Schemas are a learning theory developed by Jean Piaget. Piaget believed that children were not just not as good at thinking as adults but that rather the way they thought was itself very different to adults. Schemas are patterns of thought or behaviour that manifest in repeatable actions. Children may want to repeat the same, or similar, actions in order to explore and make sense of the world around them. You may notice a child being fascinated with wanting to read the same book over and over or moving things from place to place.
Piaget theorised that schemas are an important part of how children learn and develop. Being aware of schemas allows you to ensure you provide opportunities in Forest School sessions for children to engage in and explore their schematic behaviour.
Some common schemas and how they could be integrated into Forest School sessions are listed below:
Transporting (Moving resources and/or self from place to place)
Giving a child responsibility for collecting and organising resources for activities. Provide wheelbarrows, baskets, jars or buckets for gathering and transporting resources.
Enveloping (Covering themselves or other items)
Activities that involve camouflage and hiding objects. Activities that involve wrapping objects or building dens or houses where what is inside can’t be seen. Playing games that involve hiding such as ‘1,2,3 Where are you?’ and ‘Vanish’.
Trajectory (Movement of self and/or objects in vertical, horizontal and diagonal lines)
Using natural materials to build rope swings and see saws. Build slopes or ramps to roll objects down. Building rope ladders or rope bridges. Archery, catapults, sling shots or other activities that involve knocking targets down. Climbing trees.
Transforming (Exploring how objects change)
Provide opportunities for children to play with and mix different natural materials such as leaf litter, mud, sand and water. Encourage children to make ‘potions’ or play cooking with these materials.
The Zone of Proximal Development
The Zone of Proximal Development (ZPD) is a learning theory introduced by psychologist Lev Vygotsky. Vygotsky was a supporter of independent thinking and learning and was a critic of the teacher-led instruction that is still prevalent throughout classrooms today. He developed the ZPD theory as a method or arguing against the use of academic testing to measure students intelligence. Vygotsky argued that it would be better to examine children’s ability to solve problems independently and his or her ability to solve problems with an others help. This ‘other’ does not have to be the teacher, or Forest School leader, but could be a parent or another child.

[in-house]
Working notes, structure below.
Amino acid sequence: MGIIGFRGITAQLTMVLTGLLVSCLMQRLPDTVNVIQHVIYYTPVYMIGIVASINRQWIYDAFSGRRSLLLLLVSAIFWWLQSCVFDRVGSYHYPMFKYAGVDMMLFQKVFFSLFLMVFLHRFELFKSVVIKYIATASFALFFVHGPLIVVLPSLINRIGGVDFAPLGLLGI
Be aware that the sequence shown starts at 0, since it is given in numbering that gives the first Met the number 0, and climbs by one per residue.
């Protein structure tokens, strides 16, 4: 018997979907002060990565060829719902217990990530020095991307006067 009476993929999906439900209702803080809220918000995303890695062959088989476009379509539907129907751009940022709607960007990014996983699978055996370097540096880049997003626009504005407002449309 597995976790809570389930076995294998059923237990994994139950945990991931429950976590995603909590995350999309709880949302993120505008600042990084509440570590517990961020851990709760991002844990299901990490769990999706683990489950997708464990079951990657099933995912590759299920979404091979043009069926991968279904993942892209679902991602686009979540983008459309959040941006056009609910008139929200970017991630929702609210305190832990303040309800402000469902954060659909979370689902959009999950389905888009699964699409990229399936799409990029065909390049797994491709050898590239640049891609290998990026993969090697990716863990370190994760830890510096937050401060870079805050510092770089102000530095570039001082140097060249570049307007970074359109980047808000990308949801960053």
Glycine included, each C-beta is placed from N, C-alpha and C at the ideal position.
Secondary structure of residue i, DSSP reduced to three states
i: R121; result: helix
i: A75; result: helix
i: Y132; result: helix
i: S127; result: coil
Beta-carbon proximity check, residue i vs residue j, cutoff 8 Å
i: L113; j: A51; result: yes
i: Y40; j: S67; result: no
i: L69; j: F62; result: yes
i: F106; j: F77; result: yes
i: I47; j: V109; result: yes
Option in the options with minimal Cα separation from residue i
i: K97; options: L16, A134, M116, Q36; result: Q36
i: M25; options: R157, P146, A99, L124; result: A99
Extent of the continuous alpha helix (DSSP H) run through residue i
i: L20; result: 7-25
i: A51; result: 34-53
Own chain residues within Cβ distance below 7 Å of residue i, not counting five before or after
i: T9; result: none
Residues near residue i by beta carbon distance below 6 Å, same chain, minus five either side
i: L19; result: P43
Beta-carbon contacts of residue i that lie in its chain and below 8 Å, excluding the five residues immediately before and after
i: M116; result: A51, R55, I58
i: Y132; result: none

The ZPD is the area between what a learner can do without any help or assistance and what they are unable to achieve even with support and help. It is in this area, when we are just outside of what we already know and what we are comfortable doing, that Vygotsky theorised the most engagement and learning would occur. Activities that are too easy for a child are likely to become boring quickly. If they are too difficult it will likely be difficult to engage the child.
It is worth being mindful of the ZPD theory when planning and running Forest School sessions. It is likely that the children in any session will all have very different knowledge, skills and abilities. Activities should be flexible and feature gradual increments in difficulty or complexity in order to be able to find the ZPD for each child.
It may also be worth considering encouraging or engineering situations where specific children work together in order for one to be able to support the learning of the other.